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Old Feb 6th, 2010, 06:31 PM
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Thanks for all the great info. The best cruise pricing I have received so for was for Holland America/Rydam...we've cruised quite a bit with the kids, just not to this part of the world. Details of the cruise are below:

Starting in Vancouver with stops in Inside Passage, Ketchikan, Juneau, Skagway, Glacier Bay, College Fjord, Seward
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Old Feb 7th, 2010, 04:14 AM
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We did this cruise only southbound a couple of years ago and loved it. Have you factored in the cost of getting home? We took the train from Seward to Anchorage, there are also buses. And we flew home on Frontier, which was the cheapest we could find (such a looooong flight from Orlando!), about $300 per person.

Agewise, we ranged from mid 30's to about 60 for the six of us. There were lots of family groups, with both younger and older. But this is not one of those "floating city" type ships, so think about what type of entertainment your teens might enjoy, and look at whether it may be available for them. As adults, we spent a lot of time in the lounges and on deck enjoying the glaciers. There's a nice pool (with a glass roll-back roof, it will be quite comfortable whatever the weather.

We did find those excursions to be quite pricey. Planning another trip, but we will only do one excursion (zipline in Ketchikan). In Juneau, next time we'd take a regular shuttle to Mendenhall Glacier for the day vs. the full day tour of Mendenhall/whale watching/salmon bake. They only give about an hour at the glacier, and that is not nearly enough. Just my two cents, though.
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Old Feb 7th, 2010, 11:58 AM
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Thanks for sharing your place of origin. That helps a lot.

For a family of 4 including two teens, I think I would let myself be content with getting to and seeing the Pacific Northwest (Seattle and Vancouver).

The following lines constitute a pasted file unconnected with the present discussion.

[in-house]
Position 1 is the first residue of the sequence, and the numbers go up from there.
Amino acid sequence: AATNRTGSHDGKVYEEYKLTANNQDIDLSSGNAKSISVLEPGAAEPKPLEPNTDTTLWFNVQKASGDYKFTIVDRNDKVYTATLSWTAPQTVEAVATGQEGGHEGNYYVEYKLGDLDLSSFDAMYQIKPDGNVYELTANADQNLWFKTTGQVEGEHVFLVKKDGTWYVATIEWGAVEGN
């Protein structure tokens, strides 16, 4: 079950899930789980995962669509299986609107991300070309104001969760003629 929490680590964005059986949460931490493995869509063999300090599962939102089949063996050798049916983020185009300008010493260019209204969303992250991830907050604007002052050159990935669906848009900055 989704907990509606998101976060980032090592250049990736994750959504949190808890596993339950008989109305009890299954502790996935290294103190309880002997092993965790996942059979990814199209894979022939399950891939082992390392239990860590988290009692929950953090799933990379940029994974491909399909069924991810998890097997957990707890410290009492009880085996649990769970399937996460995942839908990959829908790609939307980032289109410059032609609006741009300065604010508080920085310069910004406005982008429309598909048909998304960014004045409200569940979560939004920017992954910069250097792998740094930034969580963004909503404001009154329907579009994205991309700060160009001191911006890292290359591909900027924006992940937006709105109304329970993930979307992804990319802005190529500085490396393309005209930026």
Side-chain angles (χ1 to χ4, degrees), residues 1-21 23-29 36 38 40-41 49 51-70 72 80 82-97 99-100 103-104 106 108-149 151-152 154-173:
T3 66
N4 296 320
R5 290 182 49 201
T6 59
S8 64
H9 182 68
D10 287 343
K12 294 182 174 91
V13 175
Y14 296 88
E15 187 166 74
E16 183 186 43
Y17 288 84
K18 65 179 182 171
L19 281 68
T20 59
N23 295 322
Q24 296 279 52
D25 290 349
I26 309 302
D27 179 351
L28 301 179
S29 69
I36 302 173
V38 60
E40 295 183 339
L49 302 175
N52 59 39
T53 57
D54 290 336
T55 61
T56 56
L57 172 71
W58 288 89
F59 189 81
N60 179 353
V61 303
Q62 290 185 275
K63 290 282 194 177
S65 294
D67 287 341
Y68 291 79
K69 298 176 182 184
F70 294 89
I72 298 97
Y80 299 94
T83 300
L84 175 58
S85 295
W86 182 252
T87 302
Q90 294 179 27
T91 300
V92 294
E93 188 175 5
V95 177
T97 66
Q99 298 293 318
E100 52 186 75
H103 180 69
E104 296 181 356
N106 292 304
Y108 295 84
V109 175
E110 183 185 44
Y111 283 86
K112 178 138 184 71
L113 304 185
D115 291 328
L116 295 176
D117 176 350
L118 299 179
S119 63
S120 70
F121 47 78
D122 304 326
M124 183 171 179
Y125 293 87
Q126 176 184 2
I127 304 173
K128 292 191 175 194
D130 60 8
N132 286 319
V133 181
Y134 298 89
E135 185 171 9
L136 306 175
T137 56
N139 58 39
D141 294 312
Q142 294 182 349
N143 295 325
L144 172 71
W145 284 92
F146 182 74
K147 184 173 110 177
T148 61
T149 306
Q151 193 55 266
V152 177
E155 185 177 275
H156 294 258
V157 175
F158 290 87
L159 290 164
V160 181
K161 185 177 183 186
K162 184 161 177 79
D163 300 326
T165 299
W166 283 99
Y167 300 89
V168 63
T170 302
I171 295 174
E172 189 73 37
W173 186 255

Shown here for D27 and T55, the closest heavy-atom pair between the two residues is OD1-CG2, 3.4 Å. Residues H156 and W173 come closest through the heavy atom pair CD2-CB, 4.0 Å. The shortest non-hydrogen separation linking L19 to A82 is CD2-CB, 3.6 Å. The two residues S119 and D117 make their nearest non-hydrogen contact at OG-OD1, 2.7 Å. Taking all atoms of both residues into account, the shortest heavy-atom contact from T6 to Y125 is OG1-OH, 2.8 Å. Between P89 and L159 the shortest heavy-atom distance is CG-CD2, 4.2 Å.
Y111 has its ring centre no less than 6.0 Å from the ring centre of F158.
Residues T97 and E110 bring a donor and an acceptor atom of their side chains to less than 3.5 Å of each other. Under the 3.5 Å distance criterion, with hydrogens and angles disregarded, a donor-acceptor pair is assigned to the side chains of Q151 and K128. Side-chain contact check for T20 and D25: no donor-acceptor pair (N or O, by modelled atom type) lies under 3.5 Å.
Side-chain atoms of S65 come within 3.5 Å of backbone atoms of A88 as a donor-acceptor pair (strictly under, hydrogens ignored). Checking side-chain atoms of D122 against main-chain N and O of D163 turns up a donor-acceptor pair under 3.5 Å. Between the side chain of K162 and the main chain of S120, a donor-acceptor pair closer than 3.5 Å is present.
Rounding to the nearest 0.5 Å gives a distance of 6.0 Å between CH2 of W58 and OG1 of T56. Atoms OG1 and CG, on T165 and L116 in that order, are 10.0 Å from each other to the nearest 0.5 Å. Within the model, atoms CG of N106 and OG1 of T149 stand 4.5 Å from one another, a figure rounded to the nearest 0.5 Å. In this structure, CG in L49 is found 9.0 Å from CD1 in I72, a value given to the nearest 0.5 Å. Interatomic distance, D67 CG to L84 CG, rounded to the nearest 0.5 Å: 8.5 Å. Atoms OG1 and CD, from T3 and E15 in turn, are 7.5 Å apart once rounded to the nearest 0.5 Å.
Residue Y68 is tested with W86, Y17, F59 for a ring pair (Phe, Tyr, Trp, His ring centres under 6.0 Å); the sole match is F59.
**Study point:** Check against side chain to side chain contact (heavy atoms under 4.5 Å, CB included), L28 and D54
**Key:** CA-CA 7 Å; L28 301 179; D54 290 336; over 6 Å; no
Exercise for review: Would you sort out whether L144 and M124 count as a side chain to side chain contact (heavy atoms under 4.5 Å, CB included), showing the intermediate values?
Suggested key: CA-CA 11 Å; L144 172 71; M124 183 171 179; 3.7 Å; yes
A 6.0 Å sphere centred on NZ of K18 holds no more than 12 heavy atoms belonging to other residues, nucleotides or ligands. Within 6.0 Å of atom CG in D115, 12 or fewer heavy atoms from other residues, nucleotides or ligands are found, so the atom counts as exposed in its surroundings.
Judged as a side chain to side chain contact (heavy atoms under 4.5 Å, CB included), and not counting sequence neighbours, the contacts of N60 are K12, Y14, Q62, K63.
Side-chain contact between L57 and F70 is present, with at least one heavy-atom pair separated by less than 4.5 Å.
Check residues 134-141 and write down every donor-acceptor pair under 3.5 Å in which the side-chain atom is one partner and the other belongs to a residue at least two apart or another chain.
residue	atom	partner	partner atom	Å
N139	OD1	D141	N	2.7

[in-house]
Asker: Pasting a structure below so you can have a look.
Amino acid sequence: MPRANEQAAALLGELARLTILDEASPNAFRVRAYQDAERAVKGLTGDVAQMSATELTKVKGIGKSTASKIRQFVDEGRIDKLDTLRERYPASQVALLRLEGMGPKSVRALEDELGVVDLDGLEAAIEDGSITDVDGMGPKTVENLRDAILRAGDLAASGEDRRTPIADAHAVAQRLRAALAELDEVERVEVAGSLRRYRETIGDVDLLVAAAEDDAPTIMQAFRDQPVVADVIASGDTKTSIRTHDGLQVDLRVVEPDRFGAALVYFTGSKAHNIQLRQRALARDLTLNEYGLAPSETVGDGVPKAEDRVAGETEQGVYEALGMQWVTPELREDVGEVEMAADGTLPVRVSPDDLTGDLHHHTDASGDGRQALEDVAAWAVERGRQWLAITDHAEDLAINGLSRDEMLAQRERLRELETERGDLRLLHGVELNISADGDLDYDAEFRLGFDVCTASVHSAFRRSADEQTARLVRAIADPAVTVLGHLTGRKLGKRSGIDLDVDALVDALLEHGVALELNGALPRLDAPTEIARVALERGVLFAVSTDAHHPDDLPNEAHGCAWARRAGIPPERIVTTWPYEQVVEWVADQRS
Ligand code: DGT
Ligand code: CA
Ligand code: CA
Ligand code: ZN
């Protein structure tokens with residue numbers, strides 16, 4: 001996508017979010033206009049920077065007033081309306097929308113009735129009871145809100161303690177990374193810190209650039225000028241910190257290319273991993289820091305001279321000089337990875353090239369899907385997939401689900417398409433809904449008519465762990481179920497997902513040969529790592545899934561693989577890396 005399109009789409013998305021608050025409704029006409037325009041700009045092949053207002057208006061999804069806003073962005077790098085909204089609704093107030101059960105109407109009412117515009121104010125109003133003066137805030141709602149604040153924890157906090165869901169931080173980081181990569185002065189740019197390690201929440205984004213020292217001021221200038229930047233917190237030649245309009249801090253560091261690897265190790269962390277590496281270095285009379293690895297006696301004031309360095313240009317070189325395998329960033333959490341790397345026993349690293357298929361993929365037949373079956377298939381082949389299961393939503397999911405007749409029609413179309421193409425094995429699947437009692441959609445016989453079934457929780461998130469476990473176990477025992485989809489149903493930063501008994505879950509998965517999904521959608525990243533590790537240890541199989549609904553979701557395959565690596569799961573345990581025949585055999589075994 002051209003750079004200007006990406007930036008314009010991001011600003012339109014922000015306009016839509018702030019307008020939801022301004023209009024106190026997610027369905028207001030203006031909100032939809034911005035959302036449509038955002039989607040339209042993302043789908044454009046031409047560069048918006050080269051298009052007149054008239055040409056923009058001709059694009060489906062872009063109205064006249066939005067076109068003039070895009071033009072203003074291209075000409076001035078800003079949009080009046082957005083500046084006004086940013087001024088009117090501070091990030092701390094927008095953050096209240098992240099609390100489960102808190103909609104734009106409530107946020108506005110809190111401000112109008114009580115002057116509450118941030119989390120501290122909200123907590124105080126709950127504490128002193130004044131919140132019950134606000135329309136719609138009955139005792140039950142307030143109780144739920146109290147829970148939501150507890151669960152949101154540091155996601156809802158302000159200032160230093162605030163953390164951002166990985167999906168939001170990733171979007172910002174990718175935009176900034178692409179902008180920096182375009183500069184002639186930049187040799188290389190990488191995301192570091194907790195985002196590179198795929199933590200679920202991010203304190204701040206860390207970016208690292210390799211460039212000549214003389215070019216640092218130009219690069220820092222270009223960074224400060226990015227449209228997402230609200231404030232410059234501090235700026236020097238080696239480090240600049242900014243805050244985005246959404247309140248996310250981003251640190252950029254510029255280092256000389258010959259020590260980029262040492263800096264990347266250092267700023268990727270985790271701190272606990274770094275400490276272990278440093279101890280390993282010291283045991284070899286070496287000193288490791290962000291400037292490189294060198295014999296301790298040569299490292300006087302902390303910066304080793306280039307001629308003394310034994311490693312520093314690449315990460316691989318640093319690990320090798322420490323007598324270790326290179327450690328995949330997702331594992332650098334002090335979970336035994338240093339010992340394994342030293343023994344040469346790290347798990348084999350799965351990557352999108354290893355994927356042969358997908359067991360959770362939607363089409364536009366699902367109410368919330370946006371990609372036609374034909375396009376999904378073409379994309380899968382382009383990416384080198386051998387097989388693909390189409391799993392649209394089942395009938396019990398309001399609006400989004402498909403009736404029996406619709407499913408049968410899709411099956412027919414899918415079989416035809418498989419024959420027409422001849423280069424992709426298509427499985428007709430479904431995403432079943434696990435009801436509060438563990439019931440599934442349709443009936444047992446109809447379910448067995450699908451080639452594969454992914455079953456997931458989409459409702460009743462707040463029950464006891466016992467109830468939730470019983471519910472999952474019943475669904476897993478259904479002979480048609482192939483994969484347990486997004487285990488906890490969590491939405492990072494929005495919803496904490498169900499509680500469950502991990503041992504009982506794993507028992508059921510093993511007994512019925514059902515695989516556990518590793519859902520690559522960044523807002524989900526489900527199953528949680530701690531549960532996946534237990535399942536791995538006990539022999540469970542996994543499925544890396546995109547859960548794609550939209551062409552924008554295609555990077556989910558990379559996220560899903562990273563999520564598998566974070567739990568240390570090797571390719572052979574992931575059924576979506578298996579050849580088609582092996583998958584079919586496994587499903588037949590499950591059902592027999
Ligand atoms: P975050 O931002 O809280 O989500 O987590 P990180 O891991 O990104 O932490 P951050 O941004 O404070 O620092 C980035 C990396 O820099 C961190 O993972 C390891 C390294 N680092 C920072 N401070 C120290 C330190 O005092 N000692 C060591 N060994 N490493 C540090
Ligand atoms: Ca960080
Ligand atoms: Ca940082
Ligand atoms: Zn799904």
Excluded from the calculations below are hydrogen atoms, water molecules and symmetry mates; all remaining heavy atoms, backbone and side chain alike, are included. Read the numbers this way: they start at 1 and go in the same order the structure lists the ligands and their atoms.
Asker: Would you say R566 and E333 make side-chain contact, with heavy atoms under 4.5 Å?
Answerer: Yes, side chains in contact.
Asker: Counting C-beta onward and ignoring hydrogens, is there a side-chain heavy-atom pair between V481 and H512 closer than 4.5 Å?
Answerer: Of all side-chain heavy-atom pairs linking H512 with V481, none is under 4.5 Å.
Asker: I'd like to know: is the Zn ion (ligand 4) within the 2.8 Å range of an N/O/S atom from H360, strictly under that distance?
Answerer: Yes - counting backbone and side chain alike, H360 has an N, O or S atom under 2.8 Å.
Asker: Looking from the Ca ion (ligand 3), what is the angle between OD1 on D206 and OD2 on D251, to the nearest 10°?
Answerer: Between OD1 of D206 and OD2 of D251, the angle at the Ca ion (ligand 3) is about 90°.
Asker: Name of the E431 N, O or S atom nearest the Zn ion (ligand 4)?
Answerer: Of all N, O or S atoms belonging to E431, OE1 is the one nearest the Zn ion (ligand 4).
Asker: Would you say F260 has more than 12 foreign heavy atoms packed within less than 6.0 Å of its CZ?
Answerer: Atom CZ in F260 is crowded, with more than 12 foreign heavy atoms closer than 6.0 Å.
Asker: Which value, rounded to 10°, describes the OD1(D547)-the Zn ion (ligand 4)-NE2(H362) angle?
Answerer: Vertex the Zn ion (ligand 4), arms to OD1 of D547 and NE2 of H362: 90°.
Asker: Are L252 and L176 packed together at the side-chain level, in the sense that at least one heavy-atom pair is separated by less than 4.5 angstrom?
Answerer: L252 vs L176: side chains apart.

Normally I would be wholeheartedly endorsing Priceline.com for hotels in either Seattle or Vancouver, but I'm a little scared in a situation where you need to house 4 people.

Mind you, the most probable (roll of the dice) would land you a pair of king/queen-sized beds, and you could probably work-out acceptable sleeping arrangements given such luck.

At any rate, check out www.biddingfortravel.com, and in particular the rates paid for Seattle-area and Vancouver-area hotels.

Hopefully everyone has a passport or some other official means of crossing the international border.

If you can keep your hotel costs to $100 a night and food for four near $150 a day, you still have a little room under that $2300/7 days comparable figure for the cruise.

With teenagers, I just think that each wanting to do his/her own thing is more worthwhile to facilitate than is the view of Alaska from the water.

Vancouver alone is simply awesome (watch the upcoming Olympics for various views and observations)... and it is so far away from you that I'm sure it alone would be an impressive destination.

(note: IF contemplating flying to Vancouver... and IF you want to visit Seattle, you'd have to be sure the rental car company would allow a U.S. citizen to bring a Canadian car back into the U.S.)

MIGHT be better off to fly to Seattle and rent a car (here) for your eventual visit to Vancouver.

I'm quite sure that Seattle and Vancouver combined, during a week, is plenty enough for two teens to stay engaged in their surroundings. And if you need mountains (like in Alaska), they aren't very far away from either spot.

But at least look into Priceline... as it would tend to afford you much nicer accommodations at a price you'd typically pay for much less. Another option would be to book TWO rooms at a lesser hotel/motel... at maybe $50 per room per night.